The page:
Alan Ho Hoi Meng, who is vice-chairperson of the Macau Convention and Exhibition Association (MCEA), points out the future development and recovery of the sector relies on the extension of the MICE events to the virtual world. “Before the coronavirus outbreak the sector had already sought to host the event in both online and offline formats, a model that has been further expedited by the pandemic,” he says.
For instance, as visitors and exhibitors abroad could not come to Macau, the latest edition of the Macau International Trade & Investment Fair (MIF) held last October, one of the city’s major trade shows, introduced the so-called “online expo” for the first time, in which there were online business-matching sessions, online contract-signing sessions and live streaming of the event activities. The three-day expo saw 670 business-matching sessions, including 270 sessions online, resulting in the contract signing of over 100 projects.
“In the past it was difficult to invite large-scale mainland companies and buyers to attend local MICE events but a lot of them are willing to liaise with Macau firms through the online matching sessions,” Mr. Ho explains.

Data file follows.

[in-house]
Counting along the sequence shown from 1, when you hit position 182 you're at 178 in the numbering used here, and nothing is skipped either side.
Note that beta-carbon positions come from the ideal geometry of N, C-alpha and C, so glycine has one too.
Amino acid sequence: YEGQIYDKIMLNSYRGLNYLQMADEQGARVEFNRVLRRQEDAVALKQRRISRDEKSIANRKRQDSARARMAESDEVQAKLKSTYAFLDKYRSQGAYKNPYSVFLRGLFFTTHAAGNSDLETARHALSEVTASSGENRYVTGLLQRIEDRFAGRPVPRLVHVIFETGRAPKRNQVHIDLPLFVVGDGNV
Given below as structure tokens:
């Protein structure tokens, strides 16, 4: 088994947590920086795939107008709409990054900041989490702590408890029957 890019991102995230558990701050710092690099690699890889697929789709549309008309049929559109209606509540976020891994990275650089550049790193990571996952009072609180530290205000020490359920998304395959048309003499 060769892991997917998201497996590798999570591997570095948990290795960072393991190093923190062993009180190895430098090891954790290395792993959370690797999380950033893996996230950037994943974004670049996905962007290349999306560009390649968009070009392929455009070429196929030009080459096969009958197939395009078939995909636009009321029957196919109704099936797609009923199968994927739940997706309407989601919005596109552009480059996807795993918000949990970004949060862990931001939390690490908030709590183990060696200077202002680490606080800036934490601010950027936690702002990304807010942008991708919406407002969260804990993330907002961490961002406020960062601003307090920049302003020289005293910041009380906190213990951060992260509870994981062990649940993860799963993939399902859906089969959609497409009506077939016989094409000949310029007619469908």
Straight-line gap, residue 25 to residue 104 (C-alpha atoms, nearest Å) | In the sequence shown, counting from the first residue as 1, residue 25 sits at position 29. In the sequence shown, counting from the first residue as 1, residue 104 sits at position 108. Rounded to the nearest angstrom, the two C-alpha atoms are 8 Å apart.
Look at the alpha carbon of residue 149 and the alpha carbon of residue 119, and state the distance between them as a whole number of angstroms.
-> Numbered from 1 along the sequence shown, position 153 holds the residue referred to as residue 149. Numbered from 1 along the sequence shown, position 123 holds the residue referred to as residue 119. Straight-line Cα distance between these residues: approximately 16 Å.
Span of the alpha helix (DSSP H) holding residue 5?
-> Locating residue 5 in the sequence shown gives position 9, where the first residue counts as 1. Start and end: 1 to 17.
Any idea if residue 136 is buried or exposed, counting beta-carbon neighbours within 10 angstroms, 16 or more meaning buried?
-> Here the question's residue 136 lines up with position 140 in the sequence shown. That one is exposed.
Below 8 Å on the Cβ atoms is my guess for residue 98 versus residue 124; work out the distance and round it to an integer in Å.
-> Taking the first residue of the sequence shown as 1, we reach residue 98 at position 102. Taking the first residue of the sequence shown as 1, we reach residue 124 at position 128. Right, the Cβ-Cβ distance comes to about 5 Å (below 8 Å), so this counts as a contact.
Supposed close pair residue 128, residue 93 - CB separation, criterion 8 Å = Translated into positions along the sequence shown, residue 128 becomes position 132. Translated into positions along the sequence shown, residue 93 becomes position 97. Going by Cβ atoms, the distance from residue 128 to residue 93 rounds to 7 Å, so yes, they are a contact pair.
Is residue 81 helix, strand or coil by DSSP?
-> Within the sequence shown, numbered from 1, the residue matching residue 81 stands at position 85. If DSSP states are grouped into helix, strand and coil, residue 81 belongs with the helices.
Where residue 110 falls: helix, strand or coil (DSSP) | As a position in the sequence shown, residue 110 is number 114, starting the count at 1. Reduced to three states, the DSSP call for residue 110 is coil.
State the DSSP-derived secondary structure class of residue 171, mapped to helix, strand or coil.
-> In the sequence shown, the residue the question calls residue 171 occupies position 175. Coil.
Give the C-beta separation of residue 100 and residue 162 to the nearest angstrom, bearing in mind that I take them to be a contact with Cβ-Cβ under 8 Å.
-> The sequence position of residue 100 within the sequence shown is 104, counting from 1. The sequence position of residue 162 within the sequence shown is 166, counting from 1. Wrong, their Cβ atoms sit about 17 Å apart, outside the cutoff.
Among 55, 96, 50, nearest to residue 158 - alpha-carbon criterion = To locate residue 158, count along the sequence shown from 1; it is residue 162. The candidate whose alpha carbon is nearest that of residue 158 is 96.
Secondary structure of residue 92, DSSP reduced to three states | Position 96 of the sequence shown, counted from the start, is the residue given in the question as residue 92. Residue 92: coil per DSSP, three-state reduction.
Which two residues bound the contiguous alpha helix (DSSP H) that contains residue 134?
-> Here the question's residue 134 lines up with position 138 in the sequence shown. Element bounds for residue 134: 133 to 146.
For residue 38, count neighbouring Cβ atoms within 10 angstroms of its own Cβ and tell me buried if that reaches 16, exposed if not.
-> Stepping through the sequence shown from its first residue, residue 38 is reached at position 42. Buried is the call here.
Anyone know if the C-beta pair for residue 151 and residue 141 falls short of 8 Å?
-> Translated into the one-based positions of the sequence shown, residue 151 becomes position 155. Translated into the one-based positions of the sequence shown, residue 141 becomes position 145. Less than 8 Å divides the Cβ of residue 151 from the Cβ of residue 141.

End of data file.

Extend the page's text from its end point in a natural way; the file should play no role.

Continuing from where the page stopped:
Reed Exhibitions, one of the leading multinational events organisers, also pinpoints online content has been more commonplace in the sector, as the pandemic has accelerated changes in consumers’ behaviours. The “COVID-19 and How it’s Changing the Event Industry” White Paper recently published by the firm says 94 percent of MICE visitors say they would like to carry out one or more event activities digitally, 59 percent of them would attend an online trade event, and 57 percent of them believe they could still carry out the majority of their event objectives online.
But the report reassured that the online services and content would not completely replace physical events. “COVID-19 has not diminished the value of in-person events for participants who are committed to returning as soon as restrictions are lifted,” the report adds.
Suggesting local MICE event organisers could collaborate with mainland Chinese technology giants like Alibaba Group to expedite the development of online content, Mr. Ho adds: “With technology advancement, as well as some anti-epidemic measures expected to be maintained in the post pandemic era, incorporating both online and offline content is an irreversible new trend for the MICE sector.”